Can cats get colds?

As with people and other animals, cats are susceptible to cold and other viral lung infections. Colds in cats are known as feline upper respiratory diseases and are caused by calici virus, brocatelle bacteria and herpes virus. Though many of the infections may last only for a few days, some of these infections are recurring and difficult to get rid of. The more serious ones are akin to influenza or pneumonia in people.

How do cats catch cold?

Cats can catch a cold or get flu from humans. There was a case of a cat being infected with swine flu after being in contact with an infected person. So if you have a cold it is best to wash your hands often.

Cats can pick up the infection from other cats. If you have more than one pet cat, it is best to keep them separate when one is infected.

Fungal infections aspergillosis and polyps can cause cold in cats.

They can also catch a cold from inhaling foreign objects like grass awns.

Most of the viruses are air or water borne and cats can catch a cold even when they are not in contact with other cats.

How do I know that my cat has caught a cold?

One of the first signs that a cat has caught cold is excessive sneezing. Watch out for discharges through the nose and the eyes. If there are discharges your cat has definitely been infected. If the sneezing is not excessive and there are no discharges, it is likely that the cold will go away in a few days. If there are discharges the cat needs good care at home and treatment by a veterinarian. In severe cases ulcers may develop in the eyes, the nose and the mouth.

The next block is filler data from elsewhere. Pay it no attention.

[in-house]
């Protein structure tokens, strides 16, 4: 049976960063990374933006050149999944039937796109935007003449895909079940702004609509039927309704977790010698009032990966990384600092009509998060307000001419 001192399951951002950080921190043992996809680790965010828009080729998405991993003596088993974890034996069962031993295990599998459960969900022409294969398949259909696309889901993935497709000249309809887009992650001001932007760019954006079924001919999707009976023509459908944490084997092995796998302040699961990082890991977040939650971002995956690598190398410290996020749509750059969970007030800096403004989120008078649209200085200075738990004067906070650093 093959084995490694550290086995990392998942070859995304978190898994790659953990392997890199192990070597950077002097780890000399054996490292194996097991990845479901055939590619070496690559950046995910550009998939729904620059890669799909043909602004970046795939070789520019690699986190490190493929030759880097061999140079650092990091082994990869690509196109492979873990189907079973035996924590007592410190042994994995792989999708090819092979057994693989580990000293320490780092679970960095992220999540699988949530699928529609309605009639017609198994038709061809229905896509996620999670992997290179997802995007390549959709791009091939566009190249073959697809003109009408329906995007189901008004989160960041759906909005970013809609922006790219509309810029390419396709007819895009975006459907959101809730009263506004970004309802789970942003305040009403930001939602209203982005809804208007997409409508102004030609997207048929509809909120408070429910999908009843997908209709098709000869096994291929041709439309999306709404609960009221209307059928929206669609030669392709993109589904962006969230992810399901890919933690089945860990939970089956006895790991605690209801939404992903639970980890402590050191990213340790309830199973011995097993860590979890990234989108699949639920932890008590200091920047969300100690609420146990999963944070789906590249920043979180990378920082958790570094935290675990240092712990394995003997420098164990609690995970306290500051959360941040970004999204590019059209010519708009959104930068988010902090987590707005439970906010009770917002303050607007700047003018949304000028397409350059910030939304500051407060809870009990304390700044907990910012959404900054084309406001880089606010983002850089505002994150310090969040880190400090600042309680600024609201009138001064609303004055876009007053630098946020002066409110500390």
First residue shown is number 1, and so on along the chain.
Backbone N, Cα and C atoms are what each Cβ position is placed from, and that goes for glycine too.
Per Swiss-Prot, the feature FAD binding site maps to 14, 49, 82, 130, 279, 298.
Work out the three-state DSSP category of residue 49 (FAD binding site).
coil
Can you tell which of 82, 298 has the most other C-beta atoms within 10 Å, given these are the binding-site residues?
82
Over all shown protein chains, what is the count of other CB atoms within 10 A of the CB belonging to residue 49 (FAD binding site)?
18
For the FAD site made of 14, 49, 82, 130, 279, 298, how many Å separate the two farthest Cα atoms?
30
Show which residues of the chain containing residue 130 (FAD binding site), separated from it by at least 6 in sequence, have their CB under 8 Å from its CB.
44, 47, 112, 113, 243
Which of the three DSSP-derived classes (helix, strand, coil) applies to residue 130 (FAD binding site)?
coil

Another easily noticeable symptom is lack of appetite. This may be caused because the nasal passage is blocked and the cat cannot smell the food. This and the lack of water can cause dehydration. Fever and open mouthed panting are some of the other symptoms that will tell you that the cat is infected. The cat may cough and swallow excessively too.

What do I do if my cat catches a cold?

As with colds that humans catch, viral infections in cats do not have a cure. The medication administered just helps the body defenses fight the cold while providing temporary relief.

The first thing that needs to be done is to clean the discharges from the nose and the eyes as often as possible by using moistened soft cloth, cotton or tissue papers and try to keep them clean. If you have a vaporizer, use it to increase the humidity in the house. Make sure that your cat eats well and drinks a lot of water, even if you have to coax it. Food and water in such cases is best served warm. Take it to the veterinarian.

The veterinarian will usually diagnose the infection through a simple physical examination and treat it with either oral or injected antibiotics. The veterinarian may himself use a vaporizer in a bid to help the cat breath more easily. He may treat the cat with either a nasal vaccine or a vaccine that can be injected to help fight the cold. The latter is usually more effective. If he feels that the infection is severe, blood tests and x-rays may have to be taken.

It the pet is dehydrated, hospitalization will be needed and intravenous fluids may have to be injected. In some cases supplemental oxygen is administered. Appetizers and vitamin B may also be used to improve the cat’s appetite.

Once the cat is discharged from the hospital it is equally important to take care of the pet at home. The nasal passage and the eyes should be kept clean. Antibiotics should be administered as directed by the veterinarian. Warm food and water should be given to the cat at regular intervals.

A close eye has to be kept on the pet for some time after recovery. If the symptoms recur after a period of time, the cat will need immediate medical attention. Some infections like the herpes virus, are chronic, and are difficult to get rid of. Such infections will need regular treatment even possibly for a lifetime.

There are vaccinations that can be administered to cats that will make the immune to viral infections. After the first vaccination cats need regular boosters to remain immune to infections.

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